Newspaper article The Christian Science Monitor

Chasing Rainbows

Newspaper article The Christian Science Monitor

Chasing Rainbows

Article excerpt

Raymond Lee has been chasing rainbows since 1985 - and he still hasn't caught one.

"Trying to reach the end of a rainbow," he says, "is an introduction to the difference between an object and an image." Rainbows may look like objects, but they're just beautiful images created by rain and sun.

You've probably seen rainbows. Just after a rain, when the sun comes out, run outside and turn so your back is to the sun. See a rainbow?

You can also see rainbows in the fine spray from a garden hose or a sprinkler. Waterfalls sometimes create rainbows. Swimmers doing the breaststroke in an outdoor pool have created so much misty spray by their faces that they can see two rainbows!

It was a French scientist who figured out how rain and sun make rainbows in the 1630s.

Ren Descartes (Ruh-NAY DAY-cart) began by making a giant model of a raindrop. Raindrops, he knew, were round (not teardrop-shaped, as you see in cartoons and drawings). He used a spherical glass flask filled with water as a model. Then he began observing, measuring, and calculating.

Descartes knew that light bends when it passes from air to water, and vice versa. He also knew that when light enters a round lens - a raindrop - it will bounce off the back wall and come out the front. Scientists call this bending and bouncing "refracting" and "reflecting." This is the key to the rainbow.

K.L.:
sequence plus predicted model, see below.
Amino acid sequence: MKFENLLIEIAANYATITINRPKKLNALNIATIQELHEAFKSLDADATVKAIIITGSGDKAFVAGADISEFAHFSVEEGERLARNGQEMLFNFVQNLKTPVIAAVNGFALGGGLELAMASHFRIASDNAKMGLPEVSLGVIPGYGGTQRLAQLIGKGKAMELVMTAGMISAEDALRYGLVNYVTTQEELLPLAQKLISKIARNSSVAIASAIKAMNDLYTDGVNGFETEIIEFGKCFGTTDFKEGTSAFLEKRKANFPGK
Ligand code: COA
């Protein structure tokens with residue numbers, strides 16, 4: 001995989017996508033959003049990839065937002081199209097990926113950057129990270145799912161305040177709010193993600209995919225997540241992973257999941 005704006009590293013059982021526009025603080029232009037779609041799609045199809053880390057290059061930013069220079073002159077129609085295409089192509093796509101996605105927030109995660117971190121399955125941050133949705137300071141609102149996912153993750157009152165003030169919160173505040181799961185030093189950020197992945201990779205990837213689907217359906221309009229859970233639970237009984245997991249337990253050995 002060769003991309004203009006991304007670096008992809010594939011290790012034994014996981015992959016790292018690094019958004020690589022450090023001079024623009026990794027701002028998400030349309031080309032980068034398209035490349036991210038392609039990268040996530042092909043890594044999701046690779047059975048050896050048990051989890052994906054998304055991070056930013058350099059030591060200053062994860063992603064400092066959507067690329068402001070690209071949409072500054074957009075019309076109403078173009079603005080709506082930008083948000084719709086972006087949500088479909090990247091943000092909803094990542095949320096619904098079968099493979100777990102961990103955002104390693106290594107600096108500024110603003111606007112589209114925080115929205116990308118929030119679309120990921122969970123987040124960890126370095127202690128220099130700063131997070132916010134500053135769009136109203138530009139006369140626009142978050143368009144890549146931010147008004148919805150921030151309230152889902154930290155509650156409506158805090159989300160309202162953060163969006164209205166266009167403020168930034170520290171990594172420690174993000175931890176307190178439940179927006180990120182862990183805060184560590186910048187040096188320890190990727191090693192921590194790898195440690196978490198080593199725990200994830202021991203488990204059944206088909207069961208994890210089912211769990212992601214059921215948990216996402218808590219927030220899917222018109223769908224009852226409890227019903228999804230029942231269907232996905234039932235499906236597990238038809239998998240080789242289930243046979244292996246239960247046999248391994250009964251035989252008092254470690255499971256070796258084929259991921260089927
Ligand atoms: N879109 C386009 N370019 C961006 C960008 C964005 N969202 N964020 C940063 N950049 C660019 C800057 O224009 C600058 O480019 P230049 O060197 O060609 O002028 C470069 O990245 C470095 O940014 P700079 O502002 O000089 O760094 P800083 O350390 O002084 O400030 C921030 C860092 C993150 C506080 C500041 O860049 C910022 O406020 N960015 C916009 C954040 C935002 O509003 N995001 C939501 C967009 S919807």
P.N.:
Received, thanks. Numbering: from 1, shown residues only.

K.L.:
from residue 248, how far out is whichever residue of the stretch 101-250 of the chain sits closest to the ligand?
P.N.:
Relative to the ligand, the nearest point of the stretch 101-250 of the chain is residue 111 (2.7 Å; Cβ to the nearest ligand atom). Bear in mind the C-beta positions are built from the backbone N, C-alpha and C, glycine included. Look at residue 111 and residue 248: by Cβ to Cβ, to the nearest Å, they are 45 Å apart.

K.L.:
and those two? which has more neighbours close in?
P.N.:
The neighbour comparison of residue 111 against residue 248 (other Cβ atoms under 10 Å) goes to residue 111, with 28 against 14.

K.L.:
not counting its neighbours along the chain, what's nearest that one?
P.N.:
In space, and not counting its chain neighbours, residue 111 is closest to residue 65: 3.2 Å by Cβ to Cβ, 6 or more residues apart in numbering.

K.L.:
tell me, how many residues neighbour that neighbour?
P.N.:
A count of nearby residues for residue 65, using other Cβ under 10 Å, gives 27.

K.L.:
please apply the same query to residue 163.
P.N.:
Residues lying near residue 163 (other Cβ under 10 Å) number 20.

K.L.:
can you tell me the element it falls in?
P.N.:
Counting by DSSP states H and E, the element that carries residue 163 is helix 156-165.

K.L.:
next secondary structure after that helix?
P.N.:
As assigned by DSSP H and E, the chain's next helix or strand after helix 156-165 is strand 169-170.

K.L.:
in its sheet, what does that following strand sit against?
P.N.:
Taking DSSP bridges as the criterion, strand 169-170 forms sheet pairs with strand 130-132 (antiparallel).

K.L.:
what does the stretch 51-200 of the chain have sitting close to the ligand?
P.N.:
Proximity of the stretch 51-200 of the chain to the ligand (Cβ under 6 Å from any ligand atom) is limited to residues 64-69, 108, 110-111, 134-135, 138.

Parallel rays of light enter a raindrop. As they enter the droplet, they bend. When they hit the back of the drop, they are reflected. When Descartes drew a big raindrop and mathematically traced how rays of light would travel through it, he found an interesting thing. More light came out of one particular spot than from any other. This concentration must have something to do with rainbows, Descartes decided. He was right.

But what about a rainbow's colors? Where do they come from? Descartes didn't know.

It was Sir Isaac Newton of England who figured out, 30 years later, that white light is made up of different wavelengths. We see these different wavelengths as different colors. Different colors of light bend (refract) differently. Some bend more than others do. When white light is bent by entering and exiting a drop of water, the wavelengths spread out. …

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